Yes, you can choose to convert an eligible rollover distribution from your old 401(k) directly to a Roth IRA. You will owe taxes on the amount of pretax assets you roll over. Note: If you have assets in a Designated Roth Account (i.e., Roth 401(k)) and would like to roll these to an IRA, you can only do so to a Roth IRA.

  • Am I eligible to convert?

    The income limit(s) were removed in 2010. However, income limits on Roth IRA annual contributions will still apply. A provision in the Tax Increase Prevention and Reconciliation Act of 2005 (TIPRA) allows more people to convert to Roth IRAs by removing the modified adjusted gross income (MAGI) limitations on conversions from a Traditional IRA to a Roth IRA.

  • What are the potential tax implications of converting?

    You'll owe taxes on the previously untaxed amount of your IRA that's converted. But, unlike Traditional IRA withdrawals before age 59½, there's no penalty involved.

    There are a number of factors to consider to help you decide how much to convert. Consider these questions:

    • Do you have the money set aside in a nonretirement account to pay the tax?
    • How much can you convert without moving into a higher tax bracket?

    It’s generally considered a good idea to use cash from a nonretirement savings or brokerage account to pay the taxes, instead of using the proceeds from the conversion.

    • Using funds from the retirement account you are converting will reduce the amount of money you will have in your Roth IRA. Doing so could generate even more tax liability and reduce the additional advantage of potential tax-free growth on the full amount of the conversion.
    • If you are under 59½, using funds from the retirement account you are converting may result in an additional 10% tax penalty that may significantly reduce the potential benefit from the conversion.
  • Can I change my mind?

    You may have the ability to recharacterize (revert) your Roth IRA back into a Traditional IRA. Some reasons for considering a recharacterization include:

    • Your Roth IRA investments decreased in value since you converted.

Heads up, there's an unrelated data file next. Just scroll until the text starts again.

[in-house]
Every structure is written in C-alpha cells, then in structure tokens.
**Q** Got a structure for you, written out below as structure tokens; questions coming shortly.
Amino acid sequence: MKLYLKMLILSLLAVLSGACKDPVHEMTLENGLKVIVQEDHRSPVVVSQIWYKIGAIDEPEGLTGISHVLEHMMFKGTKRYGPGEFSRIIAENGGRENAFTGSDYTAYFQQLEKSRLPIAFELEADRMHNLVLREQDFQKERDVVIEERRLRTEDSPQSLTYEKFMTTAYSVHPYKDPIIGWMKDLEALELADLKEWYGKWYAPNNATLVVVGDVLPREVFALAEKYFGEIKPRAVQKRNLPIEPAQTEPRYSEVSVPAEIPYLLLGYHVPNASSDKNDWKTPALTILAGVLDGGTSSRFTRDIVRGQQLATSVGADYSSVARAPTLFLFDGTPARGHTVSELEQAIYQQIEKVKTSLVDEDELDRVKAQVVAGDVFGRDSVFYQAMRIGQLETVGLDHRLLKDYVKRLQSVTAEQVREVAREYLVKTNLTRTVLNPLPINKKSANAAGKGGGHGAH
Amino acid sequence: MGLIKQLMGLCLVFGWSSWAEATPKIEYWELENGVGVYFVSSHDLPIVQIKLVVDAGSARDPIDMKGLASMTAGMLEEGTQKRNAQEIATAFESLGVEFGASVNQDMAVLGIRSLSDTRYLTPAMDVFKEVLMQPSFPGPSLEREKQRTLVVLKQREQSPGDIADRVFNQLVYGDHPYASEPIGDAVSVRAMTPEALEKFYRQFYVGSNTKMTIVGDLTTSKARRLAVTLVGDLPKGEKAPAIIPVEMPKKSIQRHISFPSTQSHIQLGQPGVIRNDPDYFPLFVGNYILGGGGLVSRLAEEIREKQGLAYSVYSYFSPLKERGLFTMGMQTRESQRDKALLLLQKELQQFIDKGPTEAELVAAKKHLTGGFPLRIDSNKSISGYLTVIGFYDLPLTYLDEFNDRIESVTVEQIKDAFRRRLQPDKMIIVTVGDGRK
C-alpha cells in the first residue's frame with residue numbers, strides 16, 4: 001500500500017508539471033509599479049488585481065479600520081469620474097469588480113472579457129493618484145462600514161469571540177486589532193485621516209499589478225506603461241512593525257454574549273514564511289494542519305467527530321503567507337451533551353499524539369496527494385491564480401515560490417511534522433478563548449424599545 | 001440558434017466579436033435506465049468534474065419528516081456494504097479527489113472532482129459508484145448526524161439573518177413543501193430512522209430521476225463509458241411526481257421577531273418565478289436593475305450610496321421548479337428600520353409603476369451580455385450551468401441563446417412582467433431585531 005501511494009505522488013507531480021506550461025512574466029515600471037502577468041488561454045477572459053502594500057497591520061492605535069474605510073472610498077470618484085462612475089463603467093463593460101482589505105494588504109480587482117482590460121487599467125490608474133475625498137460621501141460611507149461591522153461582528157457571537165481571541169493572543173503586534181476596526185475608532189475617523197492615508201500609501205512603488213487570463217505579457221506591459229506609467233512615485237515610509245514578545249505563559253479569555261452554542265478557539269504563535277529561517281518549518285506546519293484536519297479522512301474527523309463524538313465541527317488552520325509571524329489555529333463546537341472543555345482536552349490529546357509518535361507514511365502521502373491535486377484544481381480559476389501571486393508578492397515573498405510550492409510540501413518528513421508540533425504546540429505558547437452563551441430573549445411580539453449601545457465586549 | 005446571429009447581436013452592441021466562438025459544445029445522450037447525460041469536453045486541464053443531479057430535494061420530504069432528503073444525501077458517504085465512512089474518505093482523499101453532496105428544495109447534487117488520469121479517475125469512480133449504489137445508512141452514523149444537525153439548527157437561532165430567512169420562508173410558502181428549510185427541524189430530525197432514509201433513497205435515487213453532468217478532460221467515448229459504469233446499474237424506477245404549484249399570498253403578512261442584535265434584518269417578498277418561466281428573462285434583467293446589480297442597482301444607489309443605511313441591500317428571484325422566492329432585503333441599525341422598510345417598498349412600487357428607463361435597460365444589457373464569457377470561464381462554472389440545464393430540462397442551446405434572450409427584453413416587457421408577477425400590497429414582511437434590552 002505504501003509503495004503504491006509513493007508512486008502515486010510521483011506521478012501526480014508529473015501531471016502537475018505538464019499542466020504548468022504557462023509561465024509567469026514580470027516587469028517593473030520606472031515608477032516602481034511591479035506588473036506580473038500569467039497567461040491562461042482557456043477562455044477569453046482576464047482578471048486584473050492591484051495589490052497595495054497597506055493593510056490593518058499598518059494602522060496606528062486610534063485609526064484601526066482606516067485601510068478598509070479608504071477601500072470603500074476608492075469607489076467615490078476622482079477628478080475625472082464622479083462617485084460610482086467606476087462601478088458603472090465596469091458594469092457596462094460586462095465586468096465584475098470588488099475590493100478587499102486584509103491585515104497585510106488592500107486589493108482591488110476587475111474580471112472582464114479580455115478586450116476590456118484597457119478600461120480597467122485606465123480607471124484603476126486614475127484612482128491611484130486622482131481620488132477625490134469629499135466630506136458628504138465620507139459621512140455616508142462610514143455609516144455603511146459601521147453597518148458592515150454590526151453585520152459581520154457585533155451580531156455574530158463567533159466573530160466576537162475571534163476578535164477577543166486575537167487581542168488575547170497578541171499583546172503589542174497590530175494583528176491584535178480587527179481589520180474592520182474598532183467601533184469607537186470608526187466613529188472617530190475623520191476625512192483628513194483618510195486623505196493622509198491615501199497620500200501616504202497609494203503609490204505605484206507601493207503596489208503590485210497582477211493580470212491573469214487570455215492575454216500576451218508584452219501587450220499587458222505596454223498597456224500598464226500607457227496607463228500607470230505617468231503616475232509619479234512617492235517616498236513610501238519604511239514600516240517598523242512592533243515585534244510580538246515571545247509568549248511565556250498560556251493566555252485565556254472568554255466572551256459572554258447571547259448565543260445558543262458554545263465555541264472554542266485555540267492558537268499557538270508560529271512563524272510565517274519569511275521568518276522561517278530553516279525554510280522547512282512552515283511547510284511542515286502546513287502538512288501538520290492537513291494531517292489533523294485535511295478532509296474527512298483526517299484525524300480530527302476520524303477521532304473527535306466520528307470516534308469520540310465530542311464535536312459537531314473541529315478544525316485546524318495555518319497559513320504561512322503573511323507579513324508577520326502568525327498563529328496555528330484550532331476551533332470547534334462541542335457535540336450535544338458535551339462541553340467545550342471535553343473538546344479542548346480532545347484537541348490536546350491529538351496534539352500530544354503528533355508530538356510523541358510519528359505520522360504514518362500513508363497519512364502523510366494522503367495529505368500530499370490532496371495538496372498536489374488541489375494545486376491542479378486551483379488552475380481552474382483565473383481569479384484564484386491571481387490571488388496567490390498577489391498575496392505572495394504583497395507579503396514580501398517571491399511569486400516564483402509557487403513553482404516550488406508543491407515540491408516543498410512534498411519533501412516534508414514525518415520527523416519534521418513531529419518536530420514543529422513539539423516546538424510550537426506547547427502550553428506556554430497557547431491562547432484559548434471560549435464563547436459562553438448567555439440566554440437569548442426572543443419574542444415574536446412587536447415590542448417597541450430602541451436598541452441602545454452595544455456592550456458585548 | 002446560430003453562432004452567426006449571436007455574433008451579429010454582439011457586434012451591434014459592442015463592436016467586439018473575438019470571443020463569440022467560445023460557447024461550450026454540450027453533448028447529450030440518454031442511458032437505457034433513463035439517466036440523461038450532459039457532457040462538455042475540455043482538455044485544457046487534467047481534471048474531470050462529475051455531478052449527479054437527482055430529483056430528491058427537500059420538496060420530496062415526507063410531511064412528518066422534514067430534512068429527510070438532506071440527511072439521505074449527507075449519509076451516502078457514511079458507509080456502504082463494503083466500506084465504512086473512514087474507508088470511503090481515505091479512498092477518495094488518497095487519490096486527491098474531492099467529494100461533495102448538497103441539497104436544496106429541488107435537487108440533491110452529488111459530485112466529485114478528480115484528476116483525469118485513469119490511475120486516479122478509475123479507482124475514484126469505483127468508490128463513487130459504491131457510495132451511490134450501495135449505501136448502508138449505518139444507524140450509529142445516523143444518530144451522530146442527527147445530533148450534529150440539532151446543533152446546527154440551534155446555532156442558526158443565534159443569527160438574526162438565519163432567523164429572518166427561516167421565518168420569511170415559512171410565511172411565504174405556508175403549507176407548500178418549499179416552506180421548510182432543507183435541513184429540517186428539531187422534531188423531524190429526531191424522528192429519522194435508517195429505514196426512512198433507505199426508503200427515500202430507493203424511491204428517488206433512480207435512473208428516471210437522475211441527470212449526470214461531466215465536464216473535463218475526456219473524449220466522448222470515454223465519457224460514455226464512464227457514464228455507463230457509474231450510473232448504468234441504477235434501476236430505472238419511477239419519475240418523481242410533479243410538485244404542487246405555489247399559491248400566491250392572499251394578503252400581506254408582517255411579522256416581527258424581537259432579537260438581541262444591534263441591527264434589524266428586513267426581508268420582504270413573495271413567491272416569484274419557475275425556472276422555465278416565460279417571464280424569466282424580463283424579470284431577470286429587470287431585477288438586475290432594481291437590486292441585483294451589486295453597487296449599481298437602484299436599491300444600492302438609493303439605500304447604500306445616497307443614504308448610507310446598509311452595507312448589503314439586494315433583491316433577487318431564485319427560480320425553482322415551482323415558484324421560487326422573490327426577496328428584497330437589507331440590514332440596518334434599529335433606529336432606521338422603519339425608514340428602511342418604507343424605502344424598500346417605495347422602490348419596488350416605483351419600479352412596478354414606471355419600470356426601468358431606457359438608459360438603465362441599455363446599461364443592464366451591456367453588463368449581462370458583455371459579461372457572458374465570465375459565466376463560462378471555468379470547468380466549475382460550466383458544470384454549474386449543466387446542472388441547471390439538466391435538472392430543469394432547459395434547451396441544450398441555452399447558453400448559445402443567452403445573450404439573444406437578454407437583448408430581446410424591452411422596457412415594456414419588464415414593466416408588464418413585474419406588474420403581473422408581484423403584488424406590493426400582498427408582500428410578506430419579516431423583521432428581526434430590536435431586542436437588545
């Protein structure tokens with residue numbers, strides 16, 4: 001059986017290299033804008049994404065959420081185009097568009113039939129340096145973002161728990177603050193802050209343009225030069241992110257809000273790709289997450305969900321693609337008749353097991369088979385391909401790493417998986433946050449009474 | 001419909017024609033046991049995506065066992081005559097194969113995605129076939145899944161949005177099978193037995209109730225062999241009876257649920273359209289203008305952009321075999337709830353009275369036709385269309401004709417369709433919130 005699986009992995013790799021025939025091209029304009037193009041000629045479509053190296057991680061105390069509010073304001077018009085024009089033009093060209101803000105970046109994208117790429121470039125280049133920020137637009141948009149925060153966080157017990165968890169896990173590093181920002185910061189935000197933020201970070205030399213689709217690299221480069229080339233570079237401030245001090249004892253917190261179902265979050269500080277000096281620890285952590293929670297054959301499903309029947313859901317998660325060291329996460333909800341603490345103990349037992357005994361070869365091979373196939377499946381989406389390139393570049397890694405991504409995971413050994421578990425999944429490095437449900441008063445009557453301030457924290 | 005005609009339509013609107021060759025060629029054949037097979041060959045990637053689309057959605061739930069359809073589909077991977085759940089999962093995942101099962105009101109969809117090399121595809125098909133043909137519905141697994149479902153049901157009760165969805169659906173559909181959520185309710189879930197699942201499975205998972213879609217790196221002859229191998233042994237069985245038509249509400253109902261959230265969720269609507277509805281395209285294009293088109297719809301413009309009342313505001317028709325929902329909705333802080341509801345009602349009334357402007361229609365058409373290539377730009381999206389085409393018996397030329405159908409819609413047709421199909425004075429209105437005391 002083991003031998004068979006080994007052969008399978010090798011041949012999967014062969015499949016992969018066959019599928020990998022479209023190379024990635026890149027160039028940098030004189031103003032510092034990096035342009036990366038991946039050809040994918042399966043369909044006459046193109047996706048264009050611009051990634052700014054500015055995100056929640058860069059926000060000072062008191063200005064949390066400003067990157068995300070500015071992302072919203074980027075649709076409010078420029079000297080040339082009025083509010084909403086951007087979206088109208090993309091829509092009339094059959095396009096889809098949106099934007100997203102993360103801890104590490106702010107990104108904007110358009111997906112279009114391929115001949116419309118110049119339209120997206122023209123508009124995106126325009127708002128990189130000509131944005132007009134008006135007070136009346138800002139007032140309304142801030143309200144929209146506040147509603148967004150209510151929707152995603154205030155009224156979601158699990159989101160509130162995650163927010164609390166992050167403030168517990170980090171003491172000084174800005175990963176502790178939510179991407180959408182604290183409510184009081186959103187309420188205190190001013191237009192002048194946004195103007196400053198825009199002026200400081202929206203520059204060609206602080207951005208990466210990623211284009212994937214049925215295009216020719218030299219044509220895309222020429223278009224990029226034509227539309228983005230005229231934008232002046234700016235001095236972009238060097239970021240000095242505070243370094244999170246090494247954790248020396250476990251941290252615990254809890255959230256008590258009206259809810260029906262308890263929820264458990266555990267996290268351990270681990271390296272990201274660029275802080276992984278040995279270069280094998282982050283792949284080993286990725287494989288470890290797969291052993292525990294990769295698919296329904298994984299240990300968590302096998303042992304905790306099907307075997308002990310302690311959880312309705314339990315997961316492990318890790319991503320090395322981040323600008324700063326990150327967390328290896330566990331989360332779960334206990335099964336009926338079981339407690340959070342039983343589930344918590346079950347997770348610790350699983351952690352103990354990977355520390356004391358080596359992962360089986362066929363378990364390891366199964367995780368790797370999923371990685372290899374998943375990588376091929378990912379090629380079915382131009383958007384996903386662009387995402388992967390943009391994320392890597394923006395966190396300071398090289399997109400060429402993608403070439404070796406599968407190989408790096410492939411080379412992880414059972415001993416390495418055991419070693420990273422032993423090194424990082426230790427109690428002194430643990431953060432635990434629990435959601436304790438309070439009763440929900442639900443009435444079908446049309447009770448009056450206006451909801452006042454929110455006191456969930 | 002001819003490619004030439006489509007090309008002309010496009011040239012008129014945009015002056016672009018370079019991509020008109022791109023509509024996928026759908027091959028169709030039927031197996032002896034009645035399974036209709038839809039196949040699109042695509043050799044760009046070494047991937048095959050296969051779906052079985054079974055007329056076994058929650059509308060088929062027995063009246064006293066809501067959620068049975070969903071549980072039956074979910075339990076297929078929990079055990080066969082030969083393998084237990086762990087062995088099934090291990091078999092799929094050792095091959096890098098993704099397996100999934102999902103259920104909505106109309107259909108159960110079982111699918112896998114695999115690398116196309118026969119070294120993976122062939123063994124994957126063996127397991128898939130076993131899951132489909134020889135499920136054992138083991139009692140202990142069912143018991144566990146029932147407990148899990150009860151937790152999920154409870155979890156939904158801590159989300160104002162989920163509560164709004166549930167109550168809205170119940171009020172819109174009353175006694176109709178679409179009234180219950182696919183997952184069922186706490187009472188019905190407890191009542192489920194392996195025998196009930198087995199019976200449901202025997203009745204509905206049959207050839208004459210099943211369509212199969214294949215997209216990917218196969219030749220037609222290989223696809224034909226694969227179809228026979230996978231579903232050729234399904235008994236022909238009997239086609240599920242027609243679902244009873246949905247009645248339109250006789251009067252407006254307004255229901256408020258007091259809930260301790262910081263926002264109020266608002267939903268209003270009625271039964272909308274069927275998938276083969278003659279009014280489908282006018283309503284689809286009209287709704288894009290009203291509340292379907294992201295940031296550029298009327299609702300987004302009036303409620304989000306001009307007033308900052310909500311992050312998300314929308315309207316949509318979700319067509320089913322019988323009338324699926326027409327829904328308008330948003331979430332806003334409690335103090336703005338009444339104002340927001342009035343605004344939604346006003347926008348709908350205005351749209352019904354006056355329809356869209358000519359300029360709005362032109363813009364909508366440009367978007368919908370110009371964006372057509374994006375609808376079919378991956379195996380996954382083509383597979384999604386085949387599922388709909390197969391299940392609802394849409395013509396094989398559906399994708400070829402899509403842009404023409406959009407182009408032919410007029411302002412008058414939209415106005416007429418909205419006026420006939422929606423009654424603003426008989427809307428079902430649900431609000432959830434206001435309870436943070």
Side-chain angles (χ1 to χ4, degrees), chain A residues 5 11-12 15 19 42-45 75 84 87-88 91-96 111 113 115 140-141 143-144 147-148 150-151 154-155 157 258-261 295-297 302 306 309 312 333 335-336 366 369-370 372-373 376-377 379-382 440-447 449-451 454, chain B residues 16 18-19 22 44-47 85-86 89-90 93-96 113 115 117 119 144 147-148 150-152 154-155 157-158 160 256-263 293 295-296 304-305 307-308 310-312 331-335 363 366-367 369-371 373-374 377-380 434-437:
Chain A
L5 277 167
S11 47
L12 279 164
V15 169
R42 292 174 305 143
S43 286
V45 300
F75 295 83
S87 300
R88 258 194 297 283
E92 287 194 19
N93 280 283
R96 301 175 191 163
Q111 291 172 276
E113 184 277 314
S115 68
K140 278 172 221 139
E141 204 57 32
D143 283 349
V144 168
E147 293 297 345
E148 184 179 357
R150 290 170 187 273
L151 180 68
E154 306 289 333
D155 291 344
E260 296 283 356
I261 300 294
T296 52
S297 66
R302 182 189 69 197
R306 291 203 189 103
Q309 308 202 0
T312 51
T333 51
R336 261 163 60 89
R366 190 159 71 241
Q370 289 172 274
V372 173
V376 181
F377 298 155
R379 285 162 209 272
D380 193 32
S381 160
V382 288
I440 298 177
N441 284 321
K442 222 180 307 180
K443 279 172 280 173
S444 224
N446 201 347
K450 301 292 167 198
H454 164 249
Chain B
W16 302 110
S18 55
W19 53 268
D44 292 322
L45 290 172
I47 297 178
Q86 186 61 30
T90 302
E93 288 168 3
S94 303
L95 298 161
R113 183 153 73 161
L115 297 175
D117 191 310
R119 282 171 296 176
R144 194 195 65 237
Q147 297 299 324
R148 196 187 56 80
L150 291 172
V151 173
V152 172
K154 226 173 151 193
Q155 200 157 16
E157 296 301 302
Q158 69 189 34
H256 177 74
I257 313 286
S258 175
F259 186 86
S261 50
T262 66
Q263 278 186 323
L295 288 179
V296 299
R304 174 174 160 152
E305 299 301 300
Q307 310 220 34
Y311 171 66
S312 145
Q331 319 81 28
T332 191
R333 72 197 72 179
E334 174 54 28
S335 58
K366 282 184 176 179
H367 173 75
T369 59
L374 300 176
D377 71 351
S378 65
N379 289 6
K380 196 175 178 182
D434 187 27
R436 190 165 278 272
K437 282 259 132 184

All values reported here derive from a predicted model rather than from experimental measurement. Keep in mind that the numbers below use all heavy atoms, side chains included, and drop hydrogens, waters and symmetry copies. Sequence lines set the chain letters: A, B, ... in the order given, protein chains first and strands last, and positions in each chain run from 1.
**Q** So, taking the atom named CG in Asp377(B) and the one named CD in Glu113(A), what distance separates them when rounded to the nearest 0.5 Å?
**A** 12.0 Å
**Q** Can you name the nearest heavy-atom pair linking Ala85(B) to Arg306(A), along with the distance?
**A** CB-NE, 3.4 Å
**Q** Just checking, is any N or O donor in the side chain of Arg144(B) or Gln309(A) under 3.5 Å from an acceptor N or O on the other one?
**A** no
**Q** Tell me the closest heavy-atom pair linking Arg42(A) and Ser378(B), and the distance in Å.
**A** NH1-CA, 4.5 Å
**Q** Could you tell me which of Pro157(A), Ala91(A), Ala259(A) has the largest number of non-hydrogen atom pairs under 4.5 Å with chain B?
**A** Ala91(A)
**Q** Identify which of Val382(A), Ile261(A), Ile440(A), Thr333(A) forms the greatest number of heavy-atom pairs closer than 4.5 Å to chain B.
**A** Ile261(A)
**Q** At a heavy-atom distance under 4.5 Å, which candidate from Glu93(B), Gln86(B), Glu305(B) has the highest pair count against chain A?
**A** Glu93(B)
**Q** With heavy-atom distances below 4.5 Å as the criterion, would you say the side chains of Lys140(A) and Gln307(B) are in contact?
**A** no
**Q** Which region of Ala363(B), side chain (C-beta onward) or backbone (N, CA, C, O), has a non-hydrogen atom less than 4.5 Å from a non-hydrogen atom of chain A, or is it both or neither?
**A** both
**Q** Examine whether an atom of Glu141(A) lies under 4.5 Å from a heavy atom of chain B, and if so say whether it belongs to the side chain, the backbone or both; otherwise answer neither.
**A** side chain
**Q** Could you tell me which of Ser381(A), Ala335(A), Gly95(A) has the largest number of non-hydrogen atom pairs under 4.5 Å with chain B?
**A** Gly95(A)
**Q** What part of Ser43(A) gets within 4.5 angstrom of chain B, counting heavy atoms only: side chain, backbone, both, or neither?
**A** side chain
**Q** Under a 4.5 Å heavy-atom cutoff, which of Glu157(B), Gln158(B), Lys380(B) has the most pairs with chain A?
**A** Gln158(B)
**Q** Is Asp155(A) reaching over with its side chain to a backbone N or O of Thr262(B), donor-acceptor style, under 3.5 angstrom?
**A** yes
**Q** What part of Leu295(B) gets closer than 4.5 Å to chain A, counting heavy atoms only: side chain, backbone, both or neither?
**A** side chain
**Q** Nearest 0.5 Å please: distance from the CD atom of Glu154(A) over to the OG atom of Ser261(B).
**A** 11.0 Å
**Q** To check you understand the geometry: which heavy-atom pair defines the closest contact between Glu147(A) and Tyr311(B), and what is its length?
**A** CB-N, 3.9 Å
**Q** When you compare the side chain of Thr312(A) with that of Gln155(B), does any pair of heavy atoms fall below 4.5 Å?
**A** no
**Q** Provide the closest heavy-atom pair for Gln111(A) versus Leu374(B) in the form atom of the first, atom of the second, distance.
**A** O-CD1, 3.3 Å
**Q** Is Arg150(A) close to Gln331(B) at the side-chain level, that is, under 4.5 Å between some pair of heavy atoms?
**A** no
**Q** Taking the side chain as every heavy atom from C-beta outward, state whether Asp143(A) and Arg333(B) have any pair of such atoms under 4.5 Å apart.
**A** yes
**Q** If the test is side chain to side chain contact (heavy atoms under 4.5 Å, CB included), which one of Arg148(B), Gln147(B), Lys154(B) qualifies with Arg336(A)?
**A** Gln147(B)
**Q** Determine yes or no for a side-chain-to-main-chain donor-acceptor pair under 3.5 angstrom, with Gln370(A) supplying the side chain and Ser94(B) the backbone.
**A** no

• Your taxable income is higher than you expected.
    • The additional taxable income that is the result of converting a Traditional IRA into a Roth IRA puts you into a higher federal tax bracket.
    • You won't have enough cash to cover the tax bill.

    You should consult a tax advisor to more fully understand the regulations surrounding recharacterization and conversions.

  • Are there any limitations on going back to a Roth IRA after I recharacterize?

    If you converted an amount from a Traditional IRA to a Roth IRA and subsequently recharacterized that amount back to a Traditional IRA, that amount cannot be reconverted back to a Roth IRA before either the beginning of the calendar year following the calendar year of the conversion, or the end of the 30-day period beginning on the day of the recharacterization, whichever is later. Consult your tax advisor regarding your eligibility to complete a reconversion.

  • How do I convert to a Roth IRA?

    Deciding whether to convert to a Roth IRA is not a simple decision. Before you begin the process, there are things you can do to prepare:

    • Create a retirement plan, or review the one you have.
    • Consider consolidating your accounts to simplify your finances and make it easier to manage your investments.
    • Determine how you plan to pay the taxes created by your conversion.
    • Use the Roth Conversion Evaluator to help with your decision.
  • Who can convert to a Roth IRA?

    Since 2010, most investors have been eligible to convert to a Roth IRA regardless of income or marital status.

  • What account types can you convert?

    Traditional IRAs (including Rollover IRAs), SEP IRAs, SARSEP IRAs, and SIMPLE IRAs are all eligible to be converted to a Roth IRA (SIMPLE IRA contributions cannot be converted to a Roth IRA during the first two years). Rollover IRAs containing assets from an employer-sponsored plan account are also eligible to be converted. In addition, balances from employer-sponsored savings plans (e.g., a 401(k) or 403(b) plan) that are eligible for distribution and rollover may generally be converted (for example, when you are no longer working for the company sponsoring the plan). Consult your own tax advisor.

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The tax information contained herein is general in nature, is provided for informational purposes only, and should not be construed as legal or tax advice. Fidelity does not provide legal or tax advice. Fidelity cannot guarantee that such information is accurate, complete, or timely. Laws of a particular state or laws which may be applicable to a particular situation may have an impact on the applicability, accuracy, or completeness of such information. Federal and state laws and regulations are complex and are subject to change. Changes in such laws and regulations may have a material impact on pre- and/or after-tax investment results. Fidelity makes no warranties with regard to such information or results obtained by its use. Fidelity disclaims any liability arising out of your use of, or any tax position taken in reliance on, such information. Always consult an attorney or tax professional regarding your specific legal or tax situation.